4 ways to embrace imperfections
“Be yourself; everyone else is already taken.” ~Oscar Wilde”
I have the amazing privilege and overwhelming responsibility of raising three daughters. I’m deliberate in the personal choices I make, knowing I set an example of what a strong, independent woman of integrity looks like.
I don’t always succeed.
As hard as I try to parent gently and with smart guidance, I’m imperfect and sometimes I get it wrong.
All relationships go hand in hand with feelings of regret and disappointment, and a sense we haven’t given our best at some point. Here are a few ways I have learned to parent with grace despite the fact that I am imperfect.
Even if you’re not a parent, you may find these ideas helpful in accepting yourself just as you are — even when you don’t get everything right in relationships.
1. Accept that we are human and humans are messy.
I am most authentic when I am forced to humbly admit I don’t know everything and I sometimes make mistakes. This makes me much more likely to accept the imperfections in others and love them anyway.
It’s easier to be authentic when you take the pressure of perfection off the table — and it’s easier to be compassionate and kind when you understand everyone is messy.
2. Use your weaknesses as strengths.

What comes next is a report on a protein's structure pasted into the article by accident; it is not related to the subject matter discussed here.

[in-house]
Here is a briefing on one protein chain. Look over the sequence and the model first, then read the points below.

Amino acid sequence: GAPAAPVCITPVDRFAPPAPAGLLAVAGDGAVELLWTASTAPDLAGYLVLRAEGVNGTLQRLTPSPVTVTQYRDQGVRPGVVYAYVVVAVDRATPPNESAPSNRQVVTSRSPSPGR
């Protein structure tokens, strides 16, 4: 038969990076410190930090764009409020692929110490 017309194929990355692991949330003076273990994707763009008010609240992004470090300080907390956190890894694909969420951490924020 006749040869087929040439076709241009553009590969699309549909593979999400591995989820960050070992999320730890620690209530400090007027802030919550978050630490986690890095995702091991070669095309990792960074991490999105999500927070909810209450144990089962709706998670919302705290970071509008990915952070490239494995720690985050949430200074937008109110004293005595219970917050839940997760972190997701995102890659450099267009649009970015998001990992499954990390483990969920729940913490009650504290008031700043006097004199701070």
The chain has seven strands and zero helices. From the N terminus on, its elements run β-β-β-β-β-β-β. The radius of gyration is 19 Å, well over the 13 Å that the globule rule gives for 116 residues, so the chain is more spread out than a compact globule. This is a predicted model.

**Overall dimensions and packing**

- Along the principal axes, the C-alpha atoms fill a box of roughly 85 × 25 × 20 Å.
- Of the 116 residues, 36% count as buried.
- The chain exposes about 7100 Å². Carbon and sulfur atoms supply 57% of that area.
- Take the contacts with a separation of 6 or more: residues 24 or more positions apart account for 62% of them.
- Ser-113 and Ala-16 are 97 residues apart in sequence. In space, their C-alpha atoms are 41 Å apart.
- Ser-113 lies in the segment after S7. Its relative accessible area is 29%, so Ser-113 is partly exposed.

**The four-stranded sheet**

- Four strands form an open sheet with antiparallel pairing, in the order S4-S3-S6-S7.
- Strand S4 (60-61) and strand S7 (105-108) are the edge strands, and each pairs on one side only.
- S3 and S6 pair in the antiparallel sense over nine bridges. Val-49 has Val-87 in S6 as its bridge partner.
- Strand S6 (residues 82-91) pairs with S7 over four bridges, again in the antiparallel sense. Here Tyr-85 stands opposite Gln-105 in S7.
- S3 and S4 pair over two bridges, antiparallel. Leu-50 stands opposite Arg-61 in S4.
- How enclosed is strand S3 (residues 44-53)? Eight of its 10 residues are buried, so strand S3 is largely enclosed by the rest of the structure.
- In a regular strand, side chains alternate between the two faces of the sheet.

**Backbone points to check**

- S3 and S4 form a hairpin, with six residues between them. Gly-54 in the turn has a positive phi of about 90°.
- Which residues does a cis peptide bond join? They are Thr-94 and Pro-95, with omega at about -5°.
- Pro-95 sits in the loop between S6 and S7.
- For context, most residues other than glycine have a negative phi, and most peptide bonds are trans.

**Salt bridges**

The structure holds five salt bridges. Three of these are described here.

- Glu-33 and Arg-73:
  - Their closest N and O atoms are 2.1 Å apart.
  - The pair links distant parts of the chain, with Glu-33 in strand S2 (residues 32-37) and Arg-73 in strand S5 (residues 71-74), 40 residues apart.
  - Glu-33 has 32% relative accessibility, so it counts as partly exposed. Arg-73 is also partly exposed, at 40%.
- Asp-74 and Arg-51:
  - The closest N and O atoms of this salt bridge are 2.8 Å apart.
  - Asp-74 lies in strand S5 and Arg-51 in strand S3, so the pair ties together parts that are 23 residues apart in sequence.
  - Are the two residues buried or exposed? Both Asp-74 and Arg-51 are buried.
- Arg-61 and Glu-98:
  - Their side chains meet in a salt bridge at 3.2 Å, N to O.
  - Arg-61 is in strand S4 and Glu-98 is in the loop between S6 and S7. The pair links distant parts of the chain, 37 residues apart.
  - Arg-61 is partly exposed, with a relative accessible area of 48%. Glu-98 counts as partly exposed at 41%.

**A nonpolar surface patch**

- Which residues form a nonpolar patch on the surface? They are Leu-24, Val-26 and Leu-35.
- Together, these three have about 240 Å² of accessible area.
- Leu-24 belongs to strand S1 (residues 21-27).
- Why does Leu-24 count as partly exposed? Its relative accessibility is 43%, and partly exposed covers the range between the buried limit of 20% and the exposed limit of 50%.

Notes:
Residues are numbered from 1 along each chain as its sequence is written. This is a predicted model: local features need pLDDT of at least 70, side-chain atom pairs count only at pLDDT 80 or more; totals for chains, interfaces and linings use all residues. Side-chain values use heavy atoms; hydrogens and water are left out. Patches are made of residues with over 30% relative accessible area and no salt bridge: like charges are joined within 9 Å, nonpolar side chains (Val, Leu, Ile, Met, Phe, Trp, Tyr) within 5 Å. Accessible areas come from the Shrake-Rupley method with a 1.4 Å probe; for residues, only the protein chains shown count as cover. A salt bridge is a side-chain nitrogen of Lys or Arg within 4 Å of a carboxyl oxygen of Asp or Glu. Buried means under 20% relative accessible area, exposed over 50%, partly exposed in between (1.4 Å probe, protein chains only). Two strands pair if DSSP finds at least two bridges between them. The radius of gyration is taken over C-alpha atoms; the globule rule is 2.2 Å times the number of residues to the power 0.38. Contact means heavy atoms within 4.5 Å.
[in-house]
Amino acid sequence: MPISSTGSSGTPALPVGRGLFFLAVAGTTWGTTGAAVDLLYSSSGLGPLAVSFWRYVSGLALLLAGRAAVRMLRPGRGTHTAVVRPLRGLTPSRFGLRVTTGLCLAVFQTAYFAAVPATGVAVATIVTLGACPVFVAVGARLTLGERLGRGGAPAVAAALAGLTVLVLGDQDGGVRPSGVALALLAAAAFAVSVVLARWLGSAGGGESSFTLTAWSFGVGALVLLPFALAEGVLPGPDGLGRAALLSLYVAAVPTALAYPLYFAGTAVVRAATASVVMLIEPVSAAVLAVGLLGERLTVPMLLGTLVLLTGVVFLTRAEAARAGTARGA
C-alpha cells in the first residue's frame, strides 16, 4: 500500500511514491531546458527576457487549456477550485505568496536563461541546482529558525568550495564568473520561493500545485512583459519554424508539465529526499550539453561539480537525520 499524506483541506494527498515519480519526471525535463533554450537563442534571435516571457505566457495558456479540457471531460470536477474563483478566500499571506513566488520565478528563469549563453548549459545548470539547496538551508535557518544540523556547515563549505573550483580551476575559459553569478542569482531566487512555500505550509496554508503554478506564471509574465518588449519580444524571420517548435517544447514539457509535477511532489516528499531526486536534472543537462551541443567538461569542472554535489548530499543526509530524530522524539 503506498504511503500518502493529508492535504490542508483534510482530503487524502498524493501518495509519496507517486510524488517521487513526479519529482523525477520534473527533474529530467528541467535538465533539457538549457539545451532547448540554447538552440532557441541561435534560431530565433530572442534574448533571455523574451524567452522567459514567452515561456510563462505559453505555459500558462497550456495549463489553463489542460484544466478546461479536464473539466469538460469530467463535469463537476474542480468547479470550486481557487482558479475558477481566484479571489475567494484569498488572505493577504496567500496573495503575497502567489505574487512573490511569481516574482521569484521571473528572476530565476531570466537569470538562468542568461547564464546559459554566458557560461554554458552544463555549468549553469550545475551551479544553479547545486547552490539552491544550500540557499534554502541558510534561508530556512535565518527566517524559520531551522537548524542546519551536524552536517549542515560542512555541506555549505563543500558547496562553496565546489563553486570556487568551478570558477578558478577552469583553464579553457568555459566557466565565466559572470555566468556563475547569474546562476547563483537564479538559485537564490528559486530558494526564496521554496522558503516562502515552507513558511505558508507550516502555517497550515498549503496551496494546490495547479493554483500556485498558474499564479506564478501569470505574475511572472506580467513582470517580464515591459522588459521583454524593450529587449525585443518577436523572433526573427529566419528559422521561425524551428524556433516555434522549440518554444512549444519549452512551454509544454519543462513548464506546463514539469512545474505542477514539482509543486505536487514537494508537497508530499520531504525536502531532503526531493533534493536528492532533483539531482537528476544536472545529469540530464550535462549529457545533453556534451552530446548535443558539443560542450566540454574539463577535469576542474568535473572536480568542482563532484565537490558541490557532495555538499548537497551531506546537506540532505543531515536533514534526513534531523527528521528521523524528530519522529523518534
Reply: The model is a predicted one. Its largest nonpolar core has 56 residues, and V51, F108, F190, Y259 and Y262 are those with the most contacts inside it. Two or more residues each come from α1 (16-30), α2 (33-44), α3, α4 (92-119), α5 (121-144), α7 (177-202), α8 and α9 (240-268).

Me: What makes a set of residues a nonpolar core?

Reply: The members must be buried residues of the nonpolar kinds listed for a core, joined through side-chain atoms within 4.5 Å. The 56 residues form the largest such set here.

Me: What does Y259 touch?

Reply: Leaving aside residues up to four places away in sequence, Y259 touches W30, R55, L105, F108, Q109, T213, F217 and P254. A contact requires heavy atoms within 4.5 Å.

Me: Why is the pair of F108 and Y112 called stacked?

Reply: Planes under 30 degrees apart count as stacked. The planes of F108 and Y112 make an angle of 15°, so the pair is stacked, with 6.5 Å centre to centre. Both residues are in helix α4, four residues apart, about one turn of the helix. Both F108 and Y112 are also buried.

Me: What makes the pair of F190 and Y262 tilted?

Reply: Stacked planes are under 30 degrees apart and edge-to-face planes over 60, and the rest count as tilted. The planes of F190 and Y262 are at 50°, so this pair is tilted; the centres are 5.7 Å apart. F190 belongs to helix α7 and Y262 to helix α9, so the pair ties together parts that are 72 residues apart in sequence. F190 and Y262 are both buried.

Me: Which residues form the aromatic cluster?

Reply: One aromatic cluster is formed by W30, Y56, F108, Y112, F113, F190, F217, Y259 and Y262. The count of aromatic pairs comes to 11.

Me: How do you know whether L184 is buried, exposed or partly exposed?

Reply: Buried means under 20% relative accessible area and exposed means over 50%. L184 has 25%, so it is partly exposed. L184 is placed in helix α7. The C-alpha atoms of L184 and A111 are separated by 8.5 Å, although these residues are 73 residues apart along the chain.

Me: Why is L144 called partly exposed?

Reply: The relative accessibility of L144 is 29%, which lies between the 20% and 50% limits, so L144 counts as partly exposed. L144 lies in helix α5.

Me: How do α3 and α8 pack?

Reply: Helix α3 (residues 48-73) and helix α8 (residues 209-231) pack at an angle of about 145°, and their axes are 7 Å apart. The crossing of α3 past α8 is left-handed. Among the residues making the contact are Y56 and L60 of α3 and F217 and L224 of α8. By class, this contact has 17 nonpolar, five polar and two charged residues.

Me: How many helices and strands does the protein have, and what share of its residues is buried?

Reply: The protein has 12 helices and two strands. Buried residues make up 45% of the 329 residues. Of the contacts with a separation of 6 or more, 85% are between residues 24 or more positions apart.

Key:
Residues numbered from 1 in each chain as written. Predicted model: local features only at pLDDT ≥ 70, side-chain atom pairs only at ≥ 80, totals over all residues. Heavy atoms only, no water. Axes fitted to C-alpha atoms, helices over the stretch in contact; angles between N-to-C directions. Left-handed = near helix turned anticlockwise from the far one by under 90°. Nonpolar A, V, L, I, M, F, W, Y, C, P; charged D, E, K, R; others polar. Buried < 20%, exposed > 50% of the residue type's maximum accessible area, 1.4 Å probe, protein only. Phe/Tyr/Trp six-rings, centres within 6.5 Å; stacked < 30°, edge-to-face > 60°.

There is only one “me.” The good, the bad, and the ugly all contribute to my uniqueness. So do past experience, hurts, and mistakes. It’s not enough to simply learn from the past. We also need to look at our choices to understand what we’re made of, and in that way either improve or understand how certain weaknesses can actually be strengths.
I’m not the most structured and organized parent. I realize that many would see this as a tragic weakness. However, I’ve seized the most beautiful, spontaneous moments with my children by being flexible and open to possibilities.
Once I woke them up in the middle of the night to see a meteor shower and we had hot chocolate afterward. Yes, they were tired for school the next morning. And yes, it is a memory we share of a lovely experience together.
3. Be sure of your direction.
It’s not to say that we can’t make course corrections or change our paths along the way. But certain decisions we make regarding which way we move come from our personal moral compass.
Stay true to who you are and what feels intrinsically right to you. You can’t predict the road the journey will take you, but you control your own feet. Take intentional steps that move you in a direction of staying true to yourself. How you walk might not be perfect, but you can feel confident in where you’re headed.
I will walk alongside my girls on their journey as long as they will let me. I also know I’ll give them a foundation so they can walk strong in the direction they eventually choose, without fear of somehow doing it wrong or not well enough.
4. Learn to laugh at yourself.
Life’s short. When we exert energy to things we cannot control, it only empowers the negative. When you have the choice to laugh or cry, laugh.
I work in a demanding job often with children. Sometimes I feel overwhelmed and think that I can’t provide everything they deserve. Once after a particularly challenging shift, a child noticed my hair was crazy and sticking up and laughed. So I did too. It wasn’t a professionally perfect moment, but I’m sure I was my most authentic.
Having flaws, being vulnerable, and most importantly being true to you are cornerstones of being real. Some things I will work on to evolve and become a better person.